Via Gary at Muck and Mystery, various reports on the conference on biochar/agrichar/terra preta nova/what-you-will that just ended down in Australia. If you’re not up to speed on this, the general idea is that people could help solve a great many problems by putting enriching soils with reduced carbon in charcoal-like form. This gets rid of the carbon for a long time (charcoal is very refractory) and improves the soil in various not yet fully understood ways. My colleague Emma wrote a lovely feature on the subject last year. There’s what seems to be a thriving discussion board on the subject at Hypography.
The conference was opened by Tim “Weather Maker” Flannery, which is a pretty big name for a new field to manage to attract, I’d have thought. Here’s an overview of the conference by Kelpie Wilson of the Energy Bulletin. One interesting aspect is the idea of tying this issue to the issue of crappy stoves that drive indoor air pollution and waste a lot of energy.
Transect points, a blog by soil scientist Philip Small who, like Gary, is tracking this issue, has more reports in a round-up. As one of the people quoted says, the great thing about this field is that it opens up in so many different directions. Its also low tech enough to be of real use globally. The flip side of that is that different techniques will be needed in different places — this is unlikely to be a one-size-fits-all technology.
As it happens we’ve a look at the subject in Nature this week, too — a commentary (pdf) from one of the field’s main men, Johannes Lehmann of Cornell, which takes things forward nicely, I think. One of the advantages he points out for biochar sequestration — as opposed, say, to sequestration of carbon in aquifers — is that once the carbon is in the soil “it is difficult to imagine any incident or change in practise that would cause a sudden loss of stored carbon”. And he also argues that this sort of practise could be carried out at a serious scale:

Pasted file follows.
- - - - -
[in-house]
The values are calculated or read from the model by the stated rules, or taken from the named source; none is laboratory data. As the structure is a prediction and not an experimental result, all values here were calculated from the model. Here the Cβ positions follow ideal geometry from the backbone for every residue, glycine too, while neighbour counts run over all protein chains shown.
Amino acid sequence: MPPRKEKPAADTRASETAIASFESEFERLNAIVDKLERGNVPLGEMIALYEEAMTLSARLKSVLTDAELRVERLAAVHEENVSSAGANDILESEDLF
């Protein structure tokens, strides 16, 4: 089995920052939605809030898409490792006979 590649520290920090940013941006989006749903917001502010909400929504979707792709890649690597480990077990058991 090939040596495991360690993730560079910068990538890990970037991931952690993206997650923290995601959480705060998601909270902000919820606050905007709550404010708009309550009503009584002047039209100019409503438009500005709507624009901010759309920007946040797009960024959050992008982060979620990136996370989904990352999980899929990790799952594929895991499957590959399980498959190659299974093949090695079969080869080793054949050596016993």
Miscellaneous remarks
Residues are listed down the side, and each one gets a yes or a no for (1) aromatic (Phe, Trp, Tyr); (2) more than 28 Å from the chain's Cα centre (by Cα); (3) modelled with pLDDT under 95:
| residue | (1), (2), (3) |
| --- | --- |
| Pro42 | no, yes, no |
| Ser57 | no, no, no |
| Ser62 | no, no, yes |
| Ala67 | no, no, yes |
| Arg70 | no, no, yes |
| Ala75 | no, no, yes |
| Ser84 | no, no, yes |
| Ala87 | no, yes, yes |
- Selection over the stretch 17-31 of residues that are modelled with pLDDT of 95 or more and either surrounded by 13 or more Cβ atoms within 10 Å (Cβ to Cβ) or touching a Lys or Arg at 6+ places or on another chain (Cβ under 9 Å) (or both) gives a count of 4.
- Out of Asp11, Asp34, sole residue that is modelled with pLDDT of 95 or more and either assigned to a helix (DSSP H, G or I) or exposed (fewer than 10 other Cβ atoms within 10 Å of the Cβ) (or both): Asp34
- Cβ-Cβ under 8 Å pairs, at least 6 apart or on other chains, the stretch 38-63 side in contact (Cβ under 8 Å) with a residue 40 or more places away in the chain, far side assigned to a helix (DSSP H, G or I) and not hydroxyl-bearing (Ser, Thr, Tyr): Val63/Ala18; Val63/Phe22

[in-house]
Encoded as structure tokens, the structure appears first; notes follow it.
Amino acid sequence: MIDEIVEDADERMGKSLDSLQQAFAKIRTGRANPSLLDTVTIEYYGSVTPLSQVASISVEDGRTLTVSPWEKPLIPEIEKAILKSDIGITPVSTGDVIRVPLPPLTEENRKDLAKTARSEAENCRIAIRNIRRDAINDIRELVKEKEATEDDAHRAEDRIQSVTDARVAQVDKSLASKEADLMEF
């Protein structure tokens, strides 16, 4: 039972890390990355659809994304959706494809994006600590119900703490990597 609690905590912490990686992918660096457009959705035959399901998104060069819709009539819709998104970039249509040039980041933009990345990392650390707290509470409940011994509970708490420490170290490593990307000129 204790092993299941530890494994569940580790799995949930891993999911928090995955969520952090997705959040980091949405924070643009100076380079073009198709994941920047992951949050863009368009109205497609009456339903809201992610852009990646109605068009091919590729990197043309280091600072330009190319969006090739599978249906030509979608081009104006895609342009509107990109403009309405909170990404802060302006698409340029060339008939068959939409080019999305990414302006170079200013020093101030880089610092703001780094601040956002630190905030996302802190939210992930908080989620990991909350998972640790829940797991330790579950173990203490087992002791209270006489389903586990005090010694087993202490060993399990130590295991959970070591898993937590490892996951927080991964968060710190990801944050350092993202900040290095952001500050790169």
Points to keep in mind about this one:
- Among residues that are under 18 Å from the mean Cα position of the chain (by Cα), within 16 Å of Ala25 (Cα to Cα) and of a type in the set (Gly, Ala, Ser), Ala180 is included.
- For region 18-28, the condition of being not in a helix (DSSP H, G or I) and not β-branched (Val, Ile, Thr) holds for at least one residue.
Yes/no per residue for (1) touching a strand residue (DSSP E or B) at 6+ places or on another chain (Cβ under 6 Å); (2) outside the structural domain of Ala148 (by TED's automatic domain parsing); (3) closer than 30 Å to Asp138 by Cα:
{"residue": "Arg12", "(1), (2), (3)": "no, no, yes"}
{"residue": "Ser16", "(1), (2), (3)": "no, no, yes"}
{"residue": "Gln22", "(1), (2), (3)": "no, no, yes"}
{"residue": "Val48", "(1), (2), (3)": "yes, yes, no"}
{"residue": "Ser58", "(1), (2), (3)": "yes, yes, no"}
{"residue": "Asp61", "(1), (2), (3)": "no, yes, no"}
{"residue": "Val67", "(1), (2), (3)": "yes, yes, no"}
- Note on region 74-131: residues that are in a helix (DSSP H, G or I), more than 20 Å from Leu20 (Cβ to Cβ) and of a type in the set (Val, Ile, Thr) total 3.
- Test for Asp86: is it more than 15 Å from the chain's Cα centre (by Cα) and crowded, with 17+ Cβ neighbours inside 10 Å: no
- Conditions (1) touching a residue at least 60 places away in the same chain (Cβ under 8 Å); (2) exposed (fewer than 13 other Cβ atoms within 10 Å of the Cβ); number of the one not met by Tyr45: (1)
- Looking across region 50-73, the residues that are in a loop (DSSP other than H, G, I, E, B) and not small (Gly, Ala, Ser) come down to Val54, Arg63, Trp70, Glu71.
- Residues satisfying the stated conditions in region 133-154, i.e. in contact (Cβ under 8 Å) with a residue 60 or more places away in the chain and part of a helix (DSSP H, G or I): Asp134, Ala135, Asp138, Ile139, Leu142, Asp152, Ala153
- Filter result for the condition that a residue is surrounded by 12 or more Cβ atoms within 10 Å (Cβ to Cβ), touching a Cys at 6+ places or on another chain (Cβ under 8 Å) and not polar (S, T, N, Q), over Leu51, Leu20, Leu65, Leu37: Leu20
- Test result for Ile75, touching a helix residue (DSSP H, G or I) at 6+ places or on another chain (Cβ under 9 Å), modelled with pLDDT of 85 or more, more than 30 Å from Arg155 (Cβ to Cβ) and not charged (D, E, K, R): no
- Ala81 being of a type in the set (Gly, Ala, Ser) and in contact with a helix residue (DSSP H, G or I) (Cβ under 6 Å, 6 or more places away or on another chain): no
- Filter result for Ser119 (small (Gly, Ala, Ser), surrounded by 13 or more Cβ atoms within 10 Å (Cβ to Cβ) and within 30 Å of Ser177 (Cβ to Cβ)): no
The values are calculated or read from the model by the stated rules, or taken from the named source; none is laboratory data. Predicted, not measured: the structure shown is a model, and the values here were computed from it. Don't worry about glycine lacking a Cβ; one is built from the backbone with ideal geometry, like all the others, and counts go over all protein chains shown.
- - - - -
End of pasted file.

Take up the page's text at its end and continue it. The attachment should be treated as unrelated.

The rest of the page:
I have calculated emissions reductions for three separate biochar approaches that can each sequester about 10% of the annual US fossil-fuel emissions (1.6 billion tonnes of carbon in 2005). First, pyrolysis of forest residues (assuming 3.5 tonnes biomass per hectare per year) from 200 million hectares of US forests that are used for timber production; second, pyrolysis of fast-growing vegetation (20 tonnes biomass per hectare per year) grown on 30 million hectares of idle US cropland for this purpose; third, pyrolysis of crop residues (5.5 tonnes biomass per hectare per year) for 120 million hectares of harvested US cropland. In each case, the biochar generated by pyrolysis is returned to the soil and not burned to offset fossil-fuel use. Even greater emissions reductions are possible if pyrolysis gases are captured for bioenergy production.
Similar calculations for carbon sequestration by photosynthesis suggest that converting all US cropland to Conservation Reserve Programs — in which farmers are paid to plant their land with native grasses — or to no-tillage would sequester 3.6% of US emissions per year during the first few decades after conversion; that is, just a third of what one of the above biochar approaches can theoretically achieve.
Those, Lehmann stresses, are rough calculations to highlight the potential, not realistic scenarios. But might it not make sense to start developing them into realistic scenarios? If you have inexpensive feedstock, this is a pretty intriguing technology.
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